The Grammys rap committee attempted to bar Macklemore & Ryan Lewis from receiving any hip-hop-related nominations, according to an anonymous insider cited by the Associated Press. Despite the fact that the duo's star vocalist rhymes all over their 2013 album The Heist, not to mention the smash singles "Thrift Shop" and "Can't Hold Us," the selection group wanted to exile them to the pop categories. They were overruled by the general committee.
The Seattle pair's manager Zach Quillen called the debate "bullshit" (AP doesn't specify the "expletive" used, but, well, it is). He pointed out that Ben "Macklemore" Haggerty has been rapping since he was 14, and explained that, "If you strip away being influenced by the popularity or by who their fans are or by the amount of radio traction their songs got ... and just dissect musically what it is, there's no question it's a hip-hop album; they're hip-hop songs."
He went on: "When you start to look at other things is when people's judgment got cloudy. It's what they look like, the demographic, the fan base, it's the popularity, it's the radio." The article's source maintained the disagreement was over the rap committee's attempt to "protect categories" and based solely on Macklemore & Ryan Lewis' runaway success. But that would ghettoize approved rap as music that's not allowed to sell as much, or do as well at radio.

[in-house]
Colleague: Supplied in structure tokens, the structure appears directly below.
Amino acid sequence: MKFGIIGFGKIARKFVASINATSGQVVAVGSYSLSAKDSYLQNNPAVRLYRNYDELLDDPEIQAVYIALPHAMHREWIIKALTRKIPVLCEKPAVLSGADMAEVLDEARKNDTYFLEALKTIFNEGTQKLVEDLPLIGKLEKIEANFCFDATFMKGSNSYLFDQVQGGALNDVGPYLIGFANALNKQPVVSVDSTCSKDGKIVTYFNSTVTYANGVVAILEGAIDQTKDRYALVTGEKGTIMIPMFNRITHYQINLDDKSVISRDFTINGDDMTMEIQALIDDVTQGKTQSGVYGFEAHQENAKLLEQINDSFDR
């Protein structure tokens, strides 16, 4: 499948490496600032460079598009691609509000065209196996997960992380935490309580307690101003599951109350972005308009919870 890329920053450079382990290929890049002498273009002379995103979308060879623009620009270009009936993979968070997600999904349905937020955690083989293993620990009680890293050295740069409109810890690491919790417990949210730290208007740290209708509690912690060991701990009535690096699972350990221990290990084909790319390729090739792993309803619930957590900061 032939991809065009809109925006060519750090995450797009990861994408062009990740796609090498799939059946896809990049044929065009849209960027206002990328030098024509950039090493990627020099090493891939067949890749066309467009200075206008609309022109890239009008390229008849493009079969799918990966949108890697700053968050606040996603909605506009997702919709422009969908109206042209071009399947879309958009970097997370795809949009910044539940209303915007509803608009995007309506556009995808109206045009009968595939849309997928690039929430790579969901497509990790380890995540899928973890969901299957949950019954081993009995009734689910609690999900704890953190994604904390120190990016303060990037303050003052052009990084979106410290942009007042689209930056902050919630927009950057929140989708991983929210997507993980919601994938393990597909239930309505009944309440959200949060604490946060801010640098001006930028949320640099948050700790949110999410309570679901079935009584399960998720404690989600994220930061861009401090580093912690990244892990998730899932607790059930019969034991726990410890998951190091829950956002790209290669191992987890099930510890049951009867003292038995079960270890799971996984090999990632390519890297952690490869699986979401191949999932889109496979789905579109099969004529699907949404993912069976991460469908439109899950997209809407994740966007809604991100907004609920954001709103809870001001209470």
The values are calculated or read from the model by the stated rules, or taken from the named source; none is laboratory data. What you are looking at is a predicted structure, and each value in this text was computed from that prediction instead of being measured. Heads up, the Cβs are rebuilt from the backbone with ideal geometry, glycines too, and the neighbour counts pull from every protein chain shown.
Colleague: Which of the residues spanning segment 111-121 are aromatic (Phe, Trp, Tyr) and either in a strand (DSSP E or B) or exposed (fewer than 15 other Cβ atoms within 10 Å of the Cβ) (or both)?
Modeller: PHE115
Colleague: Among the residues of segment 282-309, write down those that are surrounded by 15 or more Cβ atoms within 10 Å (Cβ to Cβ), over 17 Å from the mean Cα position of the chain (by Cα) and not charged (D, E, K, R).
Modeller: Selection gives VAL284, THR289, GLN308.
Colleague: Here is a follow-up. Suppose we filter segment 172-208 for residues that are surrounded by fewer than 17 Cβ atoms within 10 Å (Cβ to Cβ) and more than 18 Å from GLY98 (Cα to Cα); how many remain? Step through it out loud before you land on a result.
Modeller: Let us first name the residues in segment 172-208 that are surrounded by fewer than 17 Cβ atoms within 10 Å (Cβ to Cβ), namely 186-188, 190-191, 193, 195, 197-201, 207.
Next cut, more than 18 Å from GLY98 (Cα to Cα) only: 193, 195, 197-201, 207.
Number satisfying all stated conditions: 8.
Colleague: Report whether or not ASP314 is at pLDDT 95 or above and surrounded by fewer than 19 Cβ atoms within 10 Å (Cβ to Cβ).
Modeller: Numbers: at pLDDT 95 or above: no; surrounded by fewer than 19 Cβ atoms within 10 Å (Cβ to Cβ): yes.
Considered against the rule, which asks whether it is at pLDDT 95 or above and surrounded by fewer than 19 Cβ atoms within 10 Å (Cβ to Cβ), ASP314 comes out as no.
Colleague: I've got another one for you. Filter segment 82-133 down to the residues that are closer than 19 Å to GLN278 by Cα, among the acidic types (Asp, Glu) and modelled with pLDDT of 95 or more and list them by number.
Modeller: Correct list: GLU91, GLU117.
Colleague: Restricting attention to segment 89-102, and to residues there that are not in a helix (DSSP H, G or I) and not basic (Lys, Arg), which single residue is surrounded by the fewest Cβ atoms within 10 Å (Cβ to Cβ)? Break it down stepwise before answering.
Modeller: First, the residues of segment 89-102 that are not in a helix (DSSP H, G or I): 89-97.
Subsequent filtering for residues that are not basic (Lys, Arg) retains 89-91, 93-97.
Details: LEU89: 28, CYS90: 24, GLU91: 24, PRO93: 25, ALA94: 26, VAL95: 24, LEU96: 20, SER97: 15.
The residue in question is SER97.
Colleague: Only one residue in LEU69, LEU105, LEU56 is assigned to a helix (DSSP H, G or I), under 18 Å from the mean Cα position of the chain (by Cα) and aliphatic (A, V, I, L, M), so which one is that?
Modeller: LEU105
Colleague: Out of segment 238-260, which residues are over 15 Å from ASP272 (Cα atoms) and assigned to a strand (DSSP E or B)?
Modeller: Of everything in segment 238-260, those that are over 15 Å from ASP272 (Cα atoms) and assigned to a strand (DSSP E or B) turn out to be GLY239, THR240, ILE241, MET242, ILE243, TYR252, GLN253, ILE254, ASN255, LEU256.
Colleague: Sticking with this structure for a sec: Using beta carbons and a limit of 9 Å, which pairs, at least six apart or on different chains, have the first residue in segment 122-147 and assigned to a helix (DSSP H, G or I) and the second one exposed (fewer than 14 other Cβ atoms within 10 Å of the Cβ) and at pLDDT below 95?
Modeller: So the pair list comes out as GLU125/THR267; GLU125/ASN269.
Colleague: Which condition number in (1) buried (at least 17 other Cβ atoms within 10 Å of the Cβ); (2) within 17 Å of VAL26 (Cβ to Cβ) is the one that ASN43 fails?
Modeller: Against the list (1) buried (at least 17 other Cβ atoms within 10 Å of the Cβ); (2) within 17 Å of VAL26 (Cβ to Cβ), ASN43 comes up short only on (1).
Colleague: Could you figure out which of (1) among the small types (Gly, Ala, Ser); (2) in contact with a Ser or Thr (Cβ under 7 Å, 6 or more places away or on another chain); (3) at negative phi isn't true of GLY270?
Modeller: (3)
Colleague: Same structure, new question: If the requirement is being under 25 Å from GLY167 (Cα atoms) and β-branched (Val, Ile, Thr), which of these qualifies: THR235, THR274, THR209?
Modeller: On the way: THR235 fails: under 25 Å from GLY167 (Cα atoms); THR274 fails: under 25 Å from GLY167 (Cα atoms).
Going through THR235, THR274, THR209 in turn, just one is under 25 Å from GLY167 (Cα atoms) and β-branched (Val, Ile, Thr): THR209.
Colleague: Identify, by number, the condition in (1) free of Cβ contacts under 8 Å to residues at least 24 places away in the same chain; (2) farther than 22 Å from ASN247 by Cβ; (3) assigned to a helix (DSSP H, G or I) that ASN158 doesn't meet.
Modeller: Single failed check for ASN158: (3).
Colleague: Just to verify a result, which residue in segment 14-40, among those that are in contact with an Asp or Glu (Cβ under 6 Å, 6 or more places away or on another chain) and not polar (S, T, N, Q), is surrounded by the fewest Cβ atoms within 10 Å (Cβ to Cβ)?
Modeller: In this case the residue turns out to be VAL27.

Drake producer Noah "40" Shebib empathized, citing his own frustration with his partner being labeled a singer. But he could also see the committee's concern: "[Macklemore is] playing in a world that has more numbers. Bigger impact, bigger reach, more everything. All the rappers, they can dabble in those areas, but they don't necessarily exist [there]. That would be a reason in my opinion to isolate him into the pop category because that's his weight class."
The identities of the various Grammy committees are kept secret.